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When Trump meets Kim, the sequel: same plot, same sticking points

52 0 53
11.02.2019

Episode 2 of “Trump Meets Kim” looks set for February 27-28 in Hanoi, Vietnam. Statements from recent talks between high-level US and North Korean officials ahead of the meeting witnessed Kim Jong-un complimenting President Trump on his “positive way of thinking”. Rhetorical flourishes aside, whether the second Trump-Kim summit will be successful depends on what Washington is willing to give away to catalyse a response from North Korea, and what Pyongyang gives away in return. Yet Seoul and Beijing remain key actors, too.

The outcome of the Singapore summit paled in comparison to what was anticipated. Amid the optics of the event came a declaration that contained words Pyongyang has been using even before Kim Jong-un took power: “denuclearisation of the Korean peninsula”. Go back to the inter-Korean Joint Declaration of the Denuclearisation of the Korean peninsula in 1992, and we see the same phrase. When the term reappeared on June 12 2018, Pyongyang knew it could simply preach, but not practise, to “denuclearise”. In a KCNA commentary in December, Pyongyang clarified that denuclearisation meant “removing all elements of nuclear threats from the areas of both the north and the south of Korea and also from surrounding areas from where the Korean peninsula is targeted”. For Washington, it is still complete, verifiable, irreversible, dismantlement.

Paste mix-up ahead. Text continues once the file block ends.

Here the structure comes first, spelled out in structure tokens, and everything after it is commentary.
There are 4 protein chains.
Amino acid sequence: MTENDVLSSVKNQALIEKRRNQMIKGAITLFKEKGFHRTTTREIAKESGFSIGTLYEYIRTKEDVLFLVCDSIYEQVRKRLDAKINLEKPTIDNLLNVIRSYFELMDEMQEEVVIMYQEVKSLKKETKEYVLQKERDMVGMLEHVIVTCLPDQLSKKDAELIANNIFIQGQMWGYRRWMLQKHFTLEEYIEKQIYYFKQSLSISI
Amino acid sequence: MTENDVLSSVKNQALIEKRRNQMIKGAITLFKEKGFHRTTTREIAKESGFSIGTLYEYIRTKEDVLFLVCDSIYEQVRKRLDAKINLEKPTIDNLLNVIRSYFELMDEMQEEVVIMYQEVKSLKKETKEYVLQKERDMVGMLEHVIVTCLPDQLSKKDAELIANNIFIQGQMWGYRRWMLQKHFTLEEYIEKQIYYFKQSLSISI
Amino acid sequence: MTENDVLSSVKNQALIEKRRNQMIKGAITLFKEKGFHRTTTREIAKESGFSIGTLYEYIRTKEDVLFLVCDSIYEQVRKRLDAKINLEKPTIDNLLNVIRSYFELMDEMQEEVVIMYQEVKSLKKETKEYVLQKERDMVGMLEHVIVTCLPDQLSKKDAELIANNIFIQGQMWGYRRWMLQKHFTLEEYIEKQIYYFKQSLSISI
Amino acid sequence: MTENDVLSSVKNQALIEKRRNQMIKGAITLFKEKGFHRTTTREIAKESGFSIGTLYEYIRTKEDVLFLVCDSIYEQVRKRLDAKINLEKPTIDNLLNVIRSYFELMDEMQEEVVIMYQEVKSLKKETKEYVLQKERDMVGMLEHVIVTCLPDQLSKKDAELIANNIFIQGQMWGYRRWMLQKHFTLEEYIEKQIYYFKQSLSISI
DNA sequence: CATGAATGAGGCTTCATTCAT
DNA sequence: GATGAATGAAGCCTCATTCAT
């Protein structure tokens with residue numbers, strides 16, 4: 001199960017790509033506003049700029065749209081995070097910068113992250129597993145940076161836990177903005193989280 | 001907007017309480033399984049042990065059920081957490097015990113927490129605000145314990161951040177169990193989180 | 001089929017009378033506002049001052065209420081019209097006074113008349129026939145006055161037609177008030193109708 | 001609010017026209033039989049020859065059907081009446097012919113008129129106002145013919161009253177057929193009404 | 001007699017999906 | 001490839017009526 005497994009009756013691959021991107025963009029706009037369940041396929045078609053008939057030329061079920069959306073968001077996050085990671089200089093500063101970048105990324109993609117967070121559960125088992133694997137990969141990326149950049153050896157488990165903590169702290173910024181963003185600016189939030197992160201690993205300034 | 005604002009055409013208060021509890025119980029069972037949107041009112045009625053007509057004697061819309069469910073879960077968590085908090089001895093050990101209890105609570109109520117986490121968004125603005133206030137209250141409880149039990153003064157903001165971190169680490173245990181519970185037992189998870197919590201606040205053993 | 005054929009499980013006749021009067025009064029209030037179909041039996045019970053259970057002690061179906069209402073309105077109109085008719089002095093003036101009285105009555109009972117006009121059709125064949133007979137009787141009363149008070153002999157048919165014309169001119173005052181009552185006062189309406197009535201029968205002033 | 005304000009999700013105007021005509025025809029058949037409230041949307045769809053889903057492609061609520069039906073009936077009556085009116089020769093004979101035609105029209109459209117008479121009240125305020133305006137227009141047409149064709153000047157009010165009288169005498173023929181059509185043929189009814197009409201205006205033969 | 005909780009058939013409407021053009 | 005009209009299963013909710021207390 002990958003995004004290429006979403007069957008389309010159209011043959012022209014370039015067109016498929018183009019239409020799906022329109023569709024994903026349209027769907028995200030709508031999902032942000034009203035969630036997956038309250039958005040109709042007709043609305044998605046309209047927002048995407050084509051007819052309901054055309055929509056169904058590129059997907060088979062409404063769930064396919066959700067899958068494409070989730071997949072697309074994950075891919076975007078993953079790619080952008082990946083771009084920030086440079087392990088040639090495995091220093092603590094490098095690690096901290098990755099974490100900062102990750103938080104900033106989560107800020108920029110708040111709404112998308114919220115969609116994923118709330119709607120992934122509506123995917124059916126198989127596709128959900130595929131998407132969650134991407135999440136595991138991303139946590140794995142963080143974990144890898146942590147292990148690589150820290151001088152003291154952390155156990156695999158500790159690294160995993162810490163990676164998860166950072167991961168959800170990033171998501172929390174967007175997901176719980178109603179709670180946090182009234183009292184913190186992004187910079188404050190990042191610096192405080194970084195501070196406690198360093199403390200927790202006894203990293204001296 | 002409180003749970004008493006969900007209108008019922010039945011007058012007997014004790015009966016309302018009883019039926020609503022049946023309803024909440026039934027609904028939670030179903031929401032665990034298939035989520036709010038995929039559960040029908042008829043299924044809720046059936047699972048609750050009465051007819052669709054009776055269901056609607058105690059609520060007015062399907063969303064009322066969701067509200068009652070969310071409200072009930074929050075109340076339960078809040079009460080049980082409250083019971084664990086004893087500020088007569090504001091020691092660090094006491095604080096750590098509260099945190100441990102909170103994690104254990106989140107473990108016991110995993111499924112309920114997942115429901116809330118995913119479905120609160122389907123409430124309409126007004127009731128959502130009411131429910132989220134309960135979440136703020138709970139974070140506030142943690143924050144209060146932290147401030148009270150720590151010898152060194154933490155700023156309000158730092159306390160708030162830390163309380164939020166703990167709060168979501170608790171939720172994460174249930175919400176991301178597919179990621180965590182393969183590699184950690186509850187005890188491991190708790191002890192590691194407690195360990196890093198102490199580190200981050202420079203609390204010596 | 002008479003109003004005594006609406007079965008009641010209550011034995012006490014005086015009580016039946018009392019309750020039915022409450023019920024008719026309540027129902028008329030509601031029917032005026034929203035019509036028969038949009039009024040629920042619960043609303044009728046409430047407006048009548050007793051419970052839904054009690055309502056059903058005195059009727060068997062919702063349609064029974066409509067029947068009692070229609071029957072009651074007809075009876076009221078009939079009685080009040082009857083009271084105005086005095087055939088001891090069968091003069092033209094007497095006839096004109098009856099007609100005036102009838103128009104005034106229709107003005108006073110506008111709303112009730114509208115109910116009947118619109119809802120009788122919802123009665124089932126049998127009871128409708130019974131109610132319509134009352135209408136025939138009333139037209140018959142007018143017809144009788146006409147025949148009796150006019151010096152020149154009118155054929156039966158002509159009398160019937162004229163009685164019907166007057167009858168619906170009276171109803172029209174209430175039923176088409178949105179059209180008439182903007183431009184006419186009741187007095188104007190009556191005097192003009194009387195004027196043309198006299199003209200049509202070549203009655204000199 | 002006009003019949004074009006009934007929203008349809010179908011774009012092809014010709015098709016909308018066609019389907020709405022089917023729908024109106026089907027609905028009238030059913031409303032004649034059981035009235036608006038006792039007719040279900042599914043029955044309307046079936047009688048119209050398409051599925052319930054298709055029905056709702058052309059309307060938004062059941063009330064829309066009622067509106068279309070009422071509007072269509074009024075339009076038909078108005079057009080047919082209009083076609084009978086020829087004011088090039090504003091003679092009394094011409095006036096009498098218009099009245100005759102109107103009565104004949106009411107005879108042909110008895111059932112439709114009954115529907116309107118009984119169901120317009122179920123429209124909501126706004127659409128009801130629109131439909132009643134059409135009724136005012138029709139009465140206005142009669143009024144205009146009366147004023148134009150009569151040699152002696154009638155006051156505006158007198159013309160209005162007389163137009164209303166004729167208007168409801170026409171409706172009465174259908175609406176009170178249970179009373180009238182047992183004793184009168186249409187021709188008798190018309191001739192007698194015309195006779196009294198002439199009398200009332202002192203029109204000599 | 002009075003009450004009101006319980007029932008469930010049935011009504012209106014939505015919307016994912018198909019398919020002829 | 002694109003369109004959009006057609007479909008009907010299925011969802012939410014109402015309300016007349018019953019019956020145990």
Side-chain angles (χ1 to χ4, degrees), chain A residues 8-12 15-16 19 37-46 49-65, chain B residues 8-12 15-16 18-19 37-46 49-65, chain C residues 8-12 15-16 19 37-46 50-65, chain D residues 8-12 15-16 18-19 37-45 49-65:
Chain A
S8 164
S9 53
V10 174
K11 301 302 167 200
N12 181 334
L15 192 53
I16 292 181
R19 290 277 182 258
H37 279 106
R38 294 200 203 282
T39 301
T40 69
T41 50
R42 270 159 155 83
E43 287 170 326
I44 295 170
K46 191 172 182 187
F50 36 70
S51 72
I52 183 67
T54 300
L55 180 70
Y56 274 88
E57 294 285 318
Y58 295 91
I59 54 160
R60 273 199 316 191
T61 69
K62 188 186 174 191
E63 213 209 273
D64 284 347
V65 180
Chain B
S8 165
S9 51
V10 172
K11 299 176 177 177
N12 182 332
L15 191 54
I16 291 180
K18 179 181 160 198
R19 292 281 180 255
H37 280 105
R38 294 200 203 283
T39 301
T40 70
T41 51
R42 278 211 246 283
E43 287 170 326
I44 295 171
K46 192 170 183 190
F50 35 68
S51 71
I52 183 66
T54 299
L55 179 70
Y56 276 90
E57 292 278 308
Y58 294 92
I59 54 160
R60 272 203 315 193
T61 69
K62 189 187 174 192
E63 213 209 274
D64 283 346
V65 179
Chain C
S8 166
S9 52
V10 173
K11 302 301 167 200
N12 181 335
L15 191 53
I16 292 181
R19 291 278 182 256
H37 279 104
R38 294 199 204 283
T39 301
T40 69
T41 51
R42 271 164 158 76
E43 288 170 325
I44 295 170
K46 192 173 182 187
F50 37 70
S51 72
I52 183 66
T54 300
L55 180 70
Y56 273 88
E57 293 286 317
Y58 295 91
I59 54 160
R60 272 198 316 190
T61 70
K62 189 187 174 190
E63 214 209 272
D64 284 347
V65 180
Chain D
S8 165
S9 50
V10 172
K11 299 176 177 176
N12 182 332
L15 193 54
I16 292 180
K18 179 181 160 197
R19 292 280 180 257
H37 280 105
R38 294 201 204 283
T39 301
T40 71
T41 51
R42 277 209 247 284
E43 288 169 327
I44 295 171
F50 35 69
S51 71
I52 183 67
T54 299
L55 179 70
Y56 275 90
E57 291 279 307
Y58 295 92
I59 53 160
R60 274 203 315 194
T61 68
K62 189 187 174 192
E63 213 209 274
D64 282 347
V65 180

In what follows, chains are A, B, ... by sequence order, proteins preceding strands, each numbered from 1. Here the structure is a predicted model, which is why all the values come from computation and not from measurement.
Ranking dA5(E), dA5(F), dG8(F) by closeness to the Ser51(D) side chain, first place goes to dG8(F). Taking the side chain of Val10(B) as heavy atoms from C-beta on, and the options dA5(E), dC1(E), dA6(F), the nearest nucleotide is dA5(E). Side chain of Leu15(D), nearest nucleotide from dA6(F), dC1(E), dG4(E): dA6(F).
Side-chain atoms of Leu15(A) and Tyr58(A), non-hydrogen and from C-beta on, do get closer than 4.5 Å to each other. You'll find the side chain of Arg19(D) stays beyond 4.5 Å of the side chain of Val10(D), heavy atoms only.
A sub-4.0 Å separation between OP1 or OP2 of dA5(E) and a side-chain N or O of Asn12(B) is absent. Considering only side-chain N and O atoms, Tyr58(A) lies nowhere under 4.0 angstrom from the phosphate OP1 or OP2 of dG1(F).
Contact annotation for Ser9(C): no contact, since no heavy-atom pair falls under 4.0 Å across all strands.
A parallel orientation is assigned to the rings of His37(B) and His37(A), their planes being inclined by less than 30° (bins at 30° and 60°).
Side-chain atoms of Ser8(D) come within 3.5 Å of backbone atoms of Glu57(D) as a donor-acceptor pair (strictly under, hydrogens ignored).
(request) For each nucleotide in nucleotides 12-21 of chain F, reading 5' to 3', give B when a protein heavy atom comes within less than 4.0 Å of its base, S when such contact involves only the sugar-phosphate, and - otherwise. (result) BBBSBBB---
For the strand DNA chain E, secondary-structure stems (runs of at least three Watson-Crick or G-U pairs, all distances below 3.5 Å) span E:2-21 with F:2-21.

Trump confirms second meeting with Kim will be in Hanoi

For there to be progress in Vietnam, this definitional impasse must be overcome. Step one consists of North Korea’s full declaration of its nuclear arsenal, bases, facilities and fissile material – those known to us, and, crucially, those unknown – and history has seen that Pyongyang excels in dishonest declarations. A declaration is a big ask, but nuclear disarmament, if it commences, is going to be a long-term process by its very nature. Yet, the........

© South China Morning Post